PFAS in dental floss – Could chemicals be contaminating your dental products?
Anyone who has ever been for a routine dental check-up has most likely had the same experience of being admonished for their lack of flossing. It’s a great practice for removing rogue remnants of food and unwanted plaque. However, a new study has found that some dental flosses may contain harmful chemicals.
Wellness site Mamavation and EHN.org, tested 39 dental floss products looking for the presence of PFAS. PFAS, a family of over 4,700 chemicals, are concerning as they have the ability to persist in the environment for decades without degrading. They are often dubbed ‘forever chemicals’ and some of them have been linked to health problems such as cancers.
Results from the study suggested that 33% of products tested are likely to contain PFAS . The level of organic fluorine (which suggests PFAS is present) found in products ranged from 11 parts per million to 248,900 parts per million.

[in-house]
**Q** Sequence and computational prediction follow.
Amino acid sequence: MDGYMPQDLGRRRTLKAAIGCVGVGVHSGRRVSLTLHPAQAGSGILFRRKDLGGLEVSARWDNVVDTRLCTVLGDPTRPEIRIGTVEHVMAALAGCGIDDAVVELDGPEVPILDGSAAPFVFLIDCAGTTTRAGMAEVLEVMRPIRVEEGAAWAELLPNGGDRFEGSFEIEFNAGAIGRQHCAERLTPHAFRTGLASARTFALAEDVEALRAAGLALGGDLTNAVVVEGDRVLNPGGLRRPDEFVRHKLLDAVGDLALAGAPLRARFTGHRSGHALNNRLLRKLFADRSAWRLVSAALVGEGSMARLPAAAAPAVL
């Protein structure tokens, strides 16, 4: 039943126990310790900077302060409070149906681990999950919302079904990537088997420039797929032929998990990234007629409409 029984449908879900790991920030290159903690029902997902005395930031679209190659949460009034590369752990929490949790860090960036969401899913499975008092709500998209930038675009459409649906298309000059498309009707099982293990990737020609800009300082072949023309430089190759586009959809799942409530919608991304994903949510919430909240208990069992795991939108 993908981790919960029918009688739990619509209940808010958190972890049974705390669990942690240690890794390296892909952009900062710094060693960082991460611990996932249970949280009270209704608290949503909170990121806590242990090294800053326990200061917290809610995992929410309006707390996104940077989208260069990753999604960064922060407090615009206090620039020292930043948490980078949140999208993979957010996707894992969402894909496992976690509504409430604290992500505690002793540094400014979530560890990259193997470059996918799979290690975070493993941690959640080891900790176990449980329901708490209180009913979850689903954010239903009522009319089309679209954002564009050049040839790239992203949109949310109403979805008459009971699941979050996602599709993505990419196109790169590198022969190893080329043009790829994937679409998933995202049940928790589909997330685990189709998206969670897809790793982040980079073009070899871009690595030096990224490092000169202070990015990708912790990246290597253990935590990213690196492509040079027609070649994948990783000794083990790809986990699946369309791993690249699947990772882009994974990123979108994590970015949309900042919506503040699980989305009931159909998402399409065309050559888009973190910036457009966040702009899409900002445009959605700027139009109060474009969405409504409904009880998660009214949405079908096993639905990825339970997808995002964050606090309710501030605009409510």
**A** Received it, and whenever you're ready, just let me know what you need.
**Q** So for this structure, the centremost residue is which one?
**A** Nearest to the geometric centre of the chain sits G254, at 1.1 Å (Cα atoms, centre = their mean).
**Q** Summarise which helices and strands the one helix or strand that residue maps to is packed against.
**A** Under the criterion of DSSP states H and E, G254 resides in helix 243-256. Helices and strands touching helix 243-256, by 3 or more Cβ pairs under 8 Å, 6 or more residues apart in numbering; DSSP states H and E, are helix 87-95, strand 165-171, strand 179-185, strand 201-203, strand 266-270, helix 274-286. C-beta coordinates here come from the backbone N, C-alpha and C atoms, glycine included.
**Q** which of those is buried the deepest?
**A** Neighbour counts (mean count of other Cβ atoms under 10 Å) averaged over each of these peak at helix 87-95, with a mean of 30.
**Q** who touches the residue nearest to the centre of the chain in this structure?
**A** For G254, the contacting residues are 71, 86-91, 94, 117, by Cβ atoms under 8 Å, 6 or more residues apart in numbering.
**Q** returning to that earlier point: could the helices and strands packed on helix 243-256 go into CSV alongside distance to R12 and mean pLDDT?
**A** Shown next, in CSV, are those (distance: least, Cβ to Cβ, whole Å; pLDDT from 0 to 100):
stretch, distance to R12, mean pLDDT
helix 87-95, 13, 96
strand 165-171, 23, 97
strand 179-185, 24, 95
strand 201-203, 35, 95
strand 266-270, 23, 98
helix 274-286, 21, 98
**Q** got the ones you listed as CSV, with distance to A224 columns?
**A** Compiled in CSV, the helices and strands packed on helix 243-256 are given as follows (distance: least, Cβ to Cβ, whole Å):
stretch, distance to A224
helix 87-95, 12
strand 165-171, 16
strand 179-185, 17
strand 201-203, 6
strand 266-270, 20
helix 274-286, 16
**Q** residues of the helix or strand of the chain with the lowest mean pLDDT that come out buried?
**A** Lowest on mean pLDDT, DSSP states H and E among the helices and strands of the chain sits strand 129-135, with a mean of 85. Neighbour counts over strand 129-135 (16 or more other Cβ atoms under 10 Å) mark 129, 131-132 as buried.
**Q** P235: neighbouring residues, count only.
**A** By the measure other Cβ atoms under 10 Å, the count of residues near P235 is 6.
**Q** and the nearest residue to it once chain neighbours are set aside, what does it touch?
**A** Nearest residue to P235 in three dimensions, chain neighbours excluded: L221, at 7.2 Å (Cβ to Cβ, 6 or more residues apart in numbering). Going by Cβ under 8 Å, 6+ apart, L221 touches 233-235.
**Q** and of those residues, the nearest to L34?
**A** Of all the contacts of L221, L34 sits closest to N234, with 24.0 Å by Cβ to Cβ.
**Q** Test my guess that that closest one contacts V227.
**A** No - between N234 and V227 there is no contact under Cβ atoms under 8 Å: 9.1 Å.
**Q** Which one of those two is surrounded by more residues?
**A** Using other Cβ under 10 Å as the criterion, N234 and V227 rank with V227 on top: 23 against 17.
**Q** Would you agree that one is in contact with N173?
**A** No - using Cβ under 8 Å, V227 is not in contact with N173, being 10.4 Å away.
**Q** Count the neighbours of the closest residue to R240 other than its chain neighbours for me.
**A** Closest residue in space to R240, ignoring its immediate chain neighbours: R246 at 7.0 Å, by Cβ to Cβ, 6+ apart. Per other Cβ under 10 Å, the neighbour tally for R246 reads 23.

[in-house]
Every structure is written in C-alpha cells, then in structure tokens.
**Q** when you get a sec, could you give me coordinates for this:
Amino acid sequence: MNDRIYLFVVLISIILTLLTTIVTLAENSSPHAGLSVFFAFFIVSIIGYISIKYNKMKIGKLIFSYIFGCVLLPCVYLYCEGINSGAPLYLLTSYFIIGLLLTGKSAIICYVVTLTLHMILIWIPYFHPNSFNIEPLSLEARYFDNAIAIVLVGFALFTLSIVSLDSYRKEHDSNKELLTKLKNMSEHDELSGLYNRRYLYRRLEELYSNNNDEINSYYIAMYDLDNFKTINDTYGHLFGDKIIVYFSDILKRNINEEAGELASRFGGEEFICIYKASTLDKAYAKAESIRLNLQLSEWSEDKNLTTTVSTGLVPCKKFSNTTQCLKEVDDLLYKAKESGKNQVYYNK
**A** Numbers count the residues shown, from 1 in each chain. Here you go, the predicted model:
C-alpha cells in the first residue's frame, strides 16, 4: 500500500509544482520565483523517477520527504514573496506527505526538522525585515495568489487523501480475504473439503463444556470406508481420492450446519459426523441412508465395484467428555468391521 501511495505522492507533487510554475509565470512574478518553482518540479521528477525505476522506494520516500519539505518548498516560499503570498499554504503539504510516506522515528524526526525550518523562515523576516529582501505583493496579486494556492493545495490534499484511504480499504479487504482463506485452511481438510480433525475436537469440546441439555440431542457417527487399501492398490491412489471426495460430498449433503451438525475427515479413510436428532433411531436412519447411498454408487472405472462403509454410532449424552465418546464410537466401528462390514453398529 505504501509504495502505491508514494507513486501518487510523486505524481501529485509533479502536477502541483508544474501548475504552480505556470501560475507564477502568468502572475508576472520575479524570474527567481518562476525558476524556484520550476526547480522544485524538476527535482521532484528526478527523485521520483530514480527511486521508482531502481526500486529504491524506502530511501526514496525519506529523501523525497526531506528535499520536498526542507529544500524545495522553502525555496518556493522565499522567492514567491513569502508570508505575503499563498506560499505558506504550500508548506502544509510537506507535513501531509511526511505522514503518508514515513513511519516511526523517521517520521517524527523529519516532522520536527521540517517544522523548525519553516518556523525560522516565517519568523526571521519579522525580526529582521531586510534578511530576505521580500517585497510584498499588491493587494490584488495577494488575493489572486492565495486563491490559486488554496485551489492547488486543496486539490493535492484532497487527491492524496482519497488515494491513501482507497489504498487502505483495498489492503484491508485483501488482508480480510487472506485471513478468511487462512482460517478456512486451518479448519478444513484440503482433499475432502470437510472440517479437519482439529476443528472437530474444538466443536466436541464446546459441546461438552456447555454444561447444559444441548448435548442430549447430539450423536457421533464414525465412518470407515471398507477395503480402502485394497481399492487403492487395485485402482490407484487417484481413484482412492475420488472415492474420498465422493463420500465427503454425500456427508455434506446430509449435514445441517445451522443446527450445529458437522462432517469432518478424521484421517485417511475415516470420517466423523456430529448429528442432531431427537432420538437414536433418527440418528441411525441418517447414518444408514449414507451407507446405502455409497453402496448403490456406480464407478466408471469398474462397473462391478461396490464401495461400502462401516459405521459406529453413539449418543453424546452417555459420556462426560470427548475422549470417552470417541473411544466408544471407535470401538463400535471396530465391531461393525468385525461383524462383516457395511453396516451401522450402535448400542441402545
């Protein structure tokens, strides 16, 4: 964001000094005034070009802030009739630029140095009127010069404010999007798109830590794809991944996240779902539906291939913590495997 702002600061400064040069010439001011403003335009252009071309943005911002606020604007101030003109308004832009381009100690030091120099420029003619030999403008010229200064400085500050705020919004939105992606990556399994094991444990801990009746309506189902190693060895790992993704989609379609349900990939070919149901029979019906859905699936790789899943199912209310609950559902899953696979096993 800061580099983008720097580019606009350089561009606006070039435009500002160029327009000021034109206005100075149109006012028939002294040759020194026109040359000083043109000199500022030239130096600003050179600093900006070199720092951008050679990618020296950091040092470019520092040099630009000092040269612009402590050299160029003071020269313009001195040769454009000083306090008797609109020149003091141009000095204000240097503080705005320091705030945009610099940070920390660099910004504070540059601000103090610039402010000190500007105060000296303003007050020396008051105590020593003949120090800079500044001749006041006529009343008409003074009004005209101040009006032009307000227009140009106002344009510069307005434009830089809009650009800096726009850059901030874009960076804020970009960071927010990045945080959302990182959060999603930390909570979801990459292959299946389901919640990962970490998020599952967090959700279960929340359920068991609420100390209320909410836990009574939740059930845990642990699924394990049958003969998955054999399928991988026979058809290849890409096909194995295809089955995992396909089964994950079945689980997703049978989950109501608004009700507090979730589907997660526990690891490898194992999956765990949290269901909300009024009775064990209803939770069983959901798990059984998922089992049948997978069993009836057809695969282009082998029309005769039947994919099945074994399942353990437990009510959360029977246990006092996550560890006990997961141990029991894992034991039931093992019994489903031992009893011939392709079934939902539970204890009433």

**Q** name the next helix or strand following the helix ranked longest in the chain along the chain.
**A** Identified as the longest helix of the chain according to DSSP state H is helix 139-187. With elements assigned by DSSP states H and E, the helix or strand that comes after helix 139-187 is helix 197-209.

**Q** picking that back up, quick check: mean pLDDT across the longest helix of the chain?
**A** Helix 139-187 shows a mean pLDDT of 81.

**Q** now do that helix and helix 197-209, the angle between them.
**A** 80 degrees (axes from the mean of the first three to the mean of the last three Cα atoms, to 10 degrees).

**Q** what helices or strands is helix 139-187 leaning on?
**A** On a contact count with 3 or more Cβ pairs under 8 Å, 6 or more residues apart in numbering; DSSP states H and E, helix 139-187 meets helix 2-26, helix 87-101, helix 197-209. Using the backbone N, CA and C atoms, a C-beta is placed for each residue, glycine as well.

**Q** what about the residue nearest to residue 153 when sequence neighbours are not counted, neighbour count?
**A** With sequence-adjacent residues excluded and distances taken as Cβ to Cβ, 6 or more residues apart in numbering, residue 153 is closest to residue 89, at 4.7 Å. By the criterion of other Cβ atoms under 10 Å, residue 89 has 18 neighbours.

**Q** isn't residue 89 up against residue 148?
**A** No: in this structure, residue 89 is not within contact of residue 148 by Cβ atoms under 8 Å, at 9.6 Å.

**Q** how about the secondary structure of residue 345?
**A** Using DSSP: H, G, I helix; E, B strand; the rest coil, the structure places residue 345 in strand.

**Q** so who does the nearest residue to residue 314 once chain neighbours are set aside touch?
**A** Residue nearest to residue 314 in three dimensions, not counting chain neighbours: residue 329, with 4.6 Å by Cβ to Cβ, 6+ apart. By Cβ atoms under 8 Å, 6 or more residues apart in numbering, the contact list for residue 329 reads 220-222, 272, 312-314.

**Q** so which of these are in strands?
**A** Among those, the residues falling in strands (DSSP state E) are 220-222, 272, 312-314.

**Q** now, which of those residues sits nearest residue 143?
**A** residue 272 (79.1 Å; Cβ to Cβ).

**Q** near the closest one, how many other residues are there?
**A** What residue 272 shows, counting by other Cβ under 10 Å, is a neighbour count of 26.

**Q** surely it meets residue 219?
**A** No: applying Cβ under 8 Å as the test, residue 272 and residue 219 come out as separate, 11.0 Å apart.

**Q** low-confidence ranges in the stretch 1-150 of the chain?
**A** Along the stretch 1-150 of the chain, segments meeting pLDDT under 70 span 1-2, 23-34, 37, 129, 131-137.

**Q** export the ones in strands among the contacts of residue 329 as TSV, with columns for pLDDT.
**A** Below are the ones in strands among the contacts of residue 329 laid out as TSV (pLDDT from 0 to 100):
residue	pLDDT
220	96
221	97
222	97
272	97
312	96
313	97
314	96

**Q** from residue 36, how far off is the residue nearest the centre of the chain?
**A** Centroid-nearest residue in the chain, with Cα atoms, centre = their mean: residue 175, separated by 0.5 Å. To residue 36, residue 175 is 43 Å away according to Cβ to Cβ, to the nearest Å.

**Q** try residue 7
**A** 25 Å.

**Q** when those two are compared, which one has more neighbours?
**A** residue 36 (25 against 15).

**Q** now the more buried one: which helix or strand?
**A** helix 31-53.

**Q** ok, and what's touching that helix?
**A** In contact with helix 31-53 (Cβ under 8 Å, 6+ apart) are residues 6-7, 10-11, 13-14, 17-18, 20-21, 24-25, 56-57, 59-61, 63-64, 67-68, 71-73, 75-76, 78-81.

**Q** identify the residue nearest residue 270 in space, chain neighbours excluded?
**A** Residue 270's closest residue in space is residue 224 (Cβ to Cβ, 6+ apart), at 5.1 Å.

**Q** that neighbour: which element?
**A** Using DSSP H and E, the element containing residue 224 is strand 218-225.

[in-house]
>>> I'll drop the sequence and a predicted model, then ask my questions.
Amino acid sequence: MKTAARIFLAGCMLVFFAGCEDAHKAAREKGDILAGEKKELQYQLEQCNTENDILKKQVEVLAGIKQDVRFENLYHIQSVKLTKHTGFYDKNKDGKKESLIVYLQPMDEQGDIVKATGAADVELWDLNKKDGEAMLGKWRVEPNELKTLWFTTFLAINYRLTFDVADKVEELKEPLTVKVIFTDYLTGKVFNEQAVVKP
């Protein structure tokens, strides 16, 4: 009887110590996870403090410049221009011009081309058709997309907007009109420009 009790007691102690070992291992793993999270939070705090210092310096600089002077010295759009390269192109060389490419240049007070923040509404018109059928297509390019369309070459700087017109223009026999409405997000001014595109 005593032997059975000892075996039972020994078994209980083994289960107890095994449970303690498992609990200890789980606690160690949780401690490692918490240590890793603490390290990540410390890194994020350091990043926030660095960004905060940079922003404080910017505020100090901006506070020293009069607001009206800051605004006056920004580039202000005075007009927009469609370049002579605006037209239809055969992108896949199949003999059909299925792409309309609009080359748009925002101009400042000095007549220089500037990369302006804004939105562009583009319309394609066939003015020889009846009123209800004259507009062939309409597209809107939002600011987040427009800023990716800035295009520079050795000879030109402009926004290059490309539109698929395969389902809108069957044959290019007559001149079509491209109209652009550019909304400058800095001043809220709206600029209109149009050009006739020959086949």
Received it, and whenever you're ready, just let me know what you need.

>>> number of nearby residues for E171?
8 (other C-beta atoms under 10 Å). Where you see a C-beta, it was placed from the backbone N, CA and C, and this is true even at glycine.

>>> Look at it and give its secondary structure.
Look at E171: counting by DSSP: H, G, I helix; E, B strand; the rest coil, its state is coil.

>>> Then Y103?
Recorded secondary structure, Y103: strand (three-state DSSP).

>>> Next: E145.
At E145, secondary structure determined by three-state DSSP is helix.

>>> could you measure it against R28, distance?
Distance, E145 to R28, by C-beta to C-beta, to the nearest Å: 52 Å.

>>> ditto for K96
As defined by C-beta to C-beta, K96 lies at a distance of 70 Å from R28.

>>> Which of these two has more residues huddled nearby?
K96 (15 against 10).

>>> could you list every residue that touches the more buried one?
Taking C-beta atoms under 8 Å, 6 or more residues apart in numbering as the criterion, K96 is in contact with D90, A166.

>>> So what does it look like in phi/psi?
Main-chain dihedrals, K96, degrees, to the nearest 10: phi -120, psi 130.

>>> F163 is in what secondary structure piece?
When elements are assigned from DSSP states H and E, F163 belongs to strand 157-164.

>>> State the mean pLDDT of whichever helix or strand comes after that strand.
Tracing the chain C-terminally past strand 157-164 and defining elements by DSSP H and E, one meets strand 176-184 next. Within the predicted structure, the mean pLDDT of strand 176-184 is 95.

Higher levels of PFAS suggest an intentional addition of the chemical by the manufacturer, most likely to give the product a slick, water-proof quality. Lower levels tend to indicate non-intentional additions, where PFAS is a contaminant coming from processing or elsewhere in the supply chain.
Using products that contain or are contaminated with PFAS may allow PFAS to enter our bodies. A 2019 study found that women who used certain dental floss had increased levels of PFAS in their blood.
Of course, these results do not mean that we should immediately clear out the oral care section of our medicine cabinet and bin any dental floss in sight. Many of the products tested did not contain these chemicals, showing that PFAS-free alternatives are available, and the report also has a section suggesting better flosses to opt for.
CHEM Trust and partners recently published their ‘ban PFAS manifesto’, which has so far been signed by over 60 organisations. It urges the European Commission and EU Member States to keep their promises to ban PFAS in consumer products by 2025 and across all uses by 2030. The manifesto sets out 10 demands addressed to authorities, companies and citizens to stop adding to the PFAS pollution burden and address the existing one.
If your organisation wishes to sign onto the manifesto, you can do so by emailing firstname.lastname@example.org